7. We are passionate about our Pro Bono Program. At Clark Wilson, we believe in giving back to our community. We have always supported our lawyers’ pro bono work, and encourage more people to get involved. We are currently on the rosters for Access Pro Bono and the BC Court of Appeal.

  8. We have strong values. Four of them, to be exact: caring, quality, teamwork and trust. These values inform the way we recruit, make decisions and work with our clients. They have been the subject of much discussion and celebration as we have faced the challenges created by COVID-19. Now more than ever, Clark Wilson stands strong in upholding them. Watch this short video in which 2020 summer student Kim Brown talks about Clark Wilson’s approach to COID-19.

  9. We are a Great Place to Work™. In October 2020, Clark Wilson was again certified as a Great Place to Work based on anonymous feedback from all parts of the firm. This follows on our certification as a Great Place to Work in 2018, a Best Workplace BC in 2019 and a Best Workplace in Canada in April 2020.

Student Program Contacts


How we will recruit for 2022

2022 Student Hiring Intentions

Summer students   We expect to hire eight summer students for 2022, with the goal of each of those students returning for their regular articles.

Articling students   We are not participating in the Vancouver Bar Association 2021-22 Articling Student Recruitment Cycle. We have filled our 2021-22 regular articling positions with returning students.

Who we are looking for

When getting to know applicants, we don’t focus on where they go to law school or how well they network. Instead, we focus on five criteria:

  1. Strong academic performance
  2. Work ethic – has worked hard, overcome adversity, persevered, shown grit
  3. Teamwork skills – has worked well with others, shown ability to act in the greater interest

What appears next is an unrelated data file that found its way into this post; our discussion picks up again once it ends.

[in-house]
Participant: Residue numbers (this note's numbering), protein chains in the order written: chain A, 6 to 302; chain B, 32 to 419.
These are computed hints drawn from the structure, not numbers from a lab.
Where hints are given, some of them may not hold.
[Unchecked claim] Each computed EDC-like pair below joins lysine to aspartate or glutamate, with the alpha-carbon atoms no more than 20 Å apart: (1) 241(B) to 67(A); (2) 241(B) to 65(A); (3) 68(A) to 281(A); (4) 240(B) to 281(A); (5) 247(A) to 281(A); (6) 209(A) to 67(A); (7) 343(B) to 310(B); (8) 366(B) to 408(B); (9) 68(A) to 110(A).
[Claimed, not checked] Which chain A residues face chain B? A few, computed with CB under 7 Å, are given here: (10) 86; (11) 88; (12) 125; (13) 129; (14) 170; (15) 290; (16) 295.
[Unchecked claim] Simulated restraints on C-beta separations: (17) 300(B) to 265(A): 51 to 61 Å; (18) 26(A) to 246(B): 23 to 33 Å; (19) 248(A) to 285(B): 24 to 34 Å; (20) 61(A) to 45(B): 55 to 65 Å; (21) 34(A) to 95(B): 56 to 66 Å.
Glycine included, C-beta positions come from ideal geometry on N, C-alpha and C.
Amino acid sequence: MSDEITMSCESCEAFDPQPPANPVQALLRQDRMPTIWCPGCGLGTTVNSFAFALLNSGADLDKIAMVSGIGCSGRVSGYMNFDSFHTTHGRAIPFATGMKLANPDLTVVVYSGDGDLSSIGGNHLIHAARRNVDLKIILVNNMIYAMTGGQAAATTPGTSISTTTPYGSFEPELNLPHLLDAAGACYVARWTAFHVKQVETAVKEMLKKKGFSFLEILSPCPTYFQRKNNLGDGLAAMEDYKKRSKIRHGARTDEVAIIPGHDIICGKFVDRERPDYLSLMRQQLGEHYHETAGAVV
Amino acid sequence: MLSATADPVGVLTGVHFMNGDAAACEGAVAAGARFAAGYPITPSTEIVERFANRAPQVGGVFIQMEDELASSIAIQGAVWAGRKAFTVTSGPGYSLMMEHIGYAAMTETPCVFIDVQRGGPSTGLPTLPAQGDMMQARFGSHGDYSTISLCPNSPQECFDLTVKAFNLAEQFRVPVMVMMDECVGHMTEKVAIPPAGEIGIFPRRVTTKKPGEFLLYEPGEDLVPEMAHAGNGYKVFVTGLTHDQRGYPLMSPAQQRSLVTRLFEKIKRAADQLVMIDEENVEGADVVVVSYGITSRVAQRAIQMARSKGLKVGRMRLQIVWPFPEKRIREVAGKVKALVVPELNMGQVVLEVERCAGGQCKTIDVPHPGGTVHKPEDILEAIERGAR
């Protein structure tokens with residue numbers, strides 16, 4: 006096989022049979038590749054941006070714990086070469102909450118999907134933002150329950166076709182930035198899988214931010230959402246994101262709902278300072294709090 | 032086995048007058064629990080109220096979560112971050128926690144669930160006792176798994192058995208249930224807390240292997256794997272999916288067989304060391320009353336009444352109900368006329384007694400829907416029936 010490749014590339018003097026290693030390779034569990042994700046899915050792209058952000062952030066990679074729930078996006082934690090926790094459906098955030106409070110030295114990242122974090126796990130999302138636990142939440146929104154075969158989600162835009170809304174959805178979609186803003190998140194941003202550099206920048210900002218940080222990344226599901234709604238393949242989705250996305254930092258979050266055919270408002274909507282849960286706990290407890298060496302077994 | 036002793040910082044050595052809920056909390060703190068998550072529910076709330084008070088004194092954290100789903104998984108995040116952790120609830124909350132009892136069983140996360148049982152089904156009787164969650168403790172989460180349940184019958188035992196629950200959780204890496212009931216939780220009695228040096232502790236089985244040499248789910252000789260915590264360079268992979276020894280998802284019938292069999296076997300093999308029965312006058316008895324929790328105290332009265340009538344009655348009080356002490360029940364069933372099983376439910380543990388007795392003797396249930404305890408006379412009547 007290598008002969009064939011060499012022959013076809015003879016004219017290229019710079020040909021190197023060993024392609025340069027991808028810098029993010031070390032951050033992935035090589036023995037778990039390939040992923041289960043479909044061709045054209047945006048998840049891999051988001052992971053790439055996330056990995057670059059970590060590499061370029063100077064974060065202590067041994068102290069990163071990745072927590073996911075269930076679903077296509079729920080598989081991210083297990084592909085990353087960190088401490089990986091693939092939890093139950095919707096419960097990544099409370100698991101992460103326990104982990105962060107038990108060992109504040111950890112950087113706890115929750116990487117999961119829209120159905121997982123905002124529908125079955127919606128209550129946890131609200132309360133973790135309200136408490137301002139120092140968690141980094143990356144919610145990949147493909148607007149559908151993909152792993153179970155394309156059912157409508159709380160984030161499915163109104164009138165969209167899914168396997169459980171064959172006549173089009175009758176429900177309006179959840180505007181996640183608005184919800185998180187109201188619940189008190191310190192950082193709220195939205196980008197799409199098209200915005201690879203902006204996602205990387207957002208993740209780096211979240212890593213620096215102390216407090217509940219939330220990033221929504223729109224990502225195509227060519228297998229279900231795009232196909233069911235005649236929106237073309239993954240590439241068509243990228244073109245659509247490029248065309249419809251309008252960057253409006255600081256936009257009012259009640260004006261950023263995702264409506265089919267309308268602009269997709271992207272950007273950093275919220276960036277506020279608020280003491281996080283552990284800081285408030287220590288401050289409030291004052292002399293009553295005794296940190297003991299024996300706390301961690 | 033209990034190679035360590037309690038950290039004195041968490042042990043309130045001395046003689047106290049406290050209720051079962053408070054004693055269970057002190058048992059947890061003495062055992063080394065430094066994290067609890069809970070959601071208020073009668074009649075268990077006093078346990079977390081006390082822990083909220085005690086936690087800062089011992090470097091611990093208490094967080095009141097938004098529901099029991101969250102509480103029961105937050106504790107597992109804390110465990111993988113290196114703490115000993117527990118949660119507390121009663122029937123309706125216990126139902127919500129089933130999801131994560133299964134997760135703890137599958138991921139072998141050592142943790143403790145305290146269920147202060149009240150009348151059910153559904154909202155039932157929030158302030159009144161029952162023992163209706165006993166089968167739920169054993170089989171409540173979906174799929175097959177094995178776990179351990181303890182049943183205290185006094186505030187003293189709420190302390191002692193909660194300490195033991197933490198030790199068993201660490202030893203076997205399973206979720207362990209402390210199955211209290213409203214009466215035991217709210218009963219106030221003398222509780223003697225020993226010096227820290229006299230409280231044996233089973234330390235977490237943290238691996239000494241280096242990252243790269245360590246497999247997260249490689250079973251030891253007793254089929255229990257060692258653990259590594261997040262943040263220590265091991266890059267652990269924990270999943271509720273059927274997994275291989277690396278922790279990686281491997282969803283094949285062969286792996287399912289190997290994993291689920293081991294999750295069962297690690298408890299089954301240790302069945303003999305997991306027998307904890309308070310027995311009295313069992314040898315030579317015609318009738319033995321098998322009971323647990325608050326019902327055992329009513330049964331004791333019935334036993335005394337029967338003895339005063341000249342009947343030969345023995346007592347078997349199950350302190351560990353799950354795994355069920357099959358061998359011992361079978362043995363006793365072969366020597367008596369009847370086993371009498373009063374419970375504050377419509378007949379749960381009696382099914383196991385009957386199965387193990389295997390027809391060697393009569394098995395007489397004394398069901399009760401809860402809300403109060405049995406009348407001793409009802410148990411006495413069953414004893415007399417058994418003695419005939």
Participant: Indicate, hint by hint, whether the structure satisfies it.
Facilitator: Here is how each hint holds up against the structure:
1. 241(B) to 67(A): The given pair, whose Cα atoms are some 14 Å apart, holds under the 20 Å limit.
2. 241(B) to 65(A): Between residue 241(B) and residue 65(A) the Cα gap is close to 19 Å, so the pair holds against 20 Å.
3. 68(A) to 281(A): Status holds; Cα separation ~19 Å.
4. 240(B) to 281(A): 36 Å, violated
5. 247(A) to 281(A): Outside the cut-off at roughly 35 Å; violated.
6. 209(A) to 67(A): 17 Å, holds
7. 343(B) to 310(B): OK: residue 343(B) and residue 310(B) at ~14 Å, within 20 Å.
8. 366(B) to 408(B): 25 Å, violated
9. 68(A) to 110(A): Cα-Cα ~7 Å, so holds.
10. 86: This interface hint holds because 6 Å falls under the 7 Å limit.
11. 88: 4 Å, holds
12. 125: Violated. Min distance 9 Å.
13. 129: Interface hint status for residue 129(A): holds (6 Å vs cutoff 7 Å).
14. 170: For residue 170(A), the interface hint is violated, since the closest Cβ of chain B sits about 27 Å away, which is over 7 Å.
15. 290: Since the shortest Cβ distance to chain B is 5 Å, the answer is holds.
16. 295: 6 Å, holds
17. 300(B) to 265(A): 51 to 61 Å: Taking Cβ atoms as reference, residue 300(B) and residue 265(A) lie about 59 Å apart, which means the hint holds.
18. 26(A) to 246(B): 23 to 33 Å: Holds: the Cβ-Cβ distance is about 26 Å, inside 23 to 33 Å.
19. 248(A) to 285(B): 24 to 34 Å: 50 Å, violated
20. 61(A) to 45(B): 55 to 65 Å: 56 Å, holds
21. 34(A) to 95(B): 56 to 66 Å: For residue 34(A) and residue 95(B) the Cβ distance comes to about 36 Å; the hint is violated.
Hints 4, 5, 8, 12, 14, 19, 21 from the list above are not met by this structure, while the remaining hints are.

4. Self-awareness – understands what they bring to the table, has shown ability to learn from mistakes and act on feedback
  5. Professionalism – mature, with an aptitude for serving clients in private practice

Watch short videos of Imroz, Jessica and Jimmy talking about their recruiting experience for 2020 summer articles.

Who to call and how to apply

Clark Wilson is preparing for the Vancouver Bar Association 2022 Summer Student Recruitment Cycle. We will accept applications for 2022 summer articles through viDesktop.

You don’t need a referral to network with people at Clark Wilson. Email our Student Coordinator Dianne Bishop at dbishop@cwilson.com, and she will arrange a phone meeting with a lawyer or student.

Our recruiting approach for summer 2022

Our Student Recruiting Committee has been thinking a lot about the law school recruiting process over the last year.  We want students to know about some important changes in our approach for the 2022 recruit – changes designed to avoid some of the inevitable exhaustion and COVID confusion, and allow for more meaningful connections and clearer decision-making.

Change started last year   For the 2020 recruit, we worked hard to up our game.  We redesigned our in-house tours, engaged with even more school networking and OCI events across Canada, and established five criteria to help us find the students we are looking for. We committed to staying professional, caring and transparent throughout the process, especially during Interview Week when the stakes and pace were at their highest.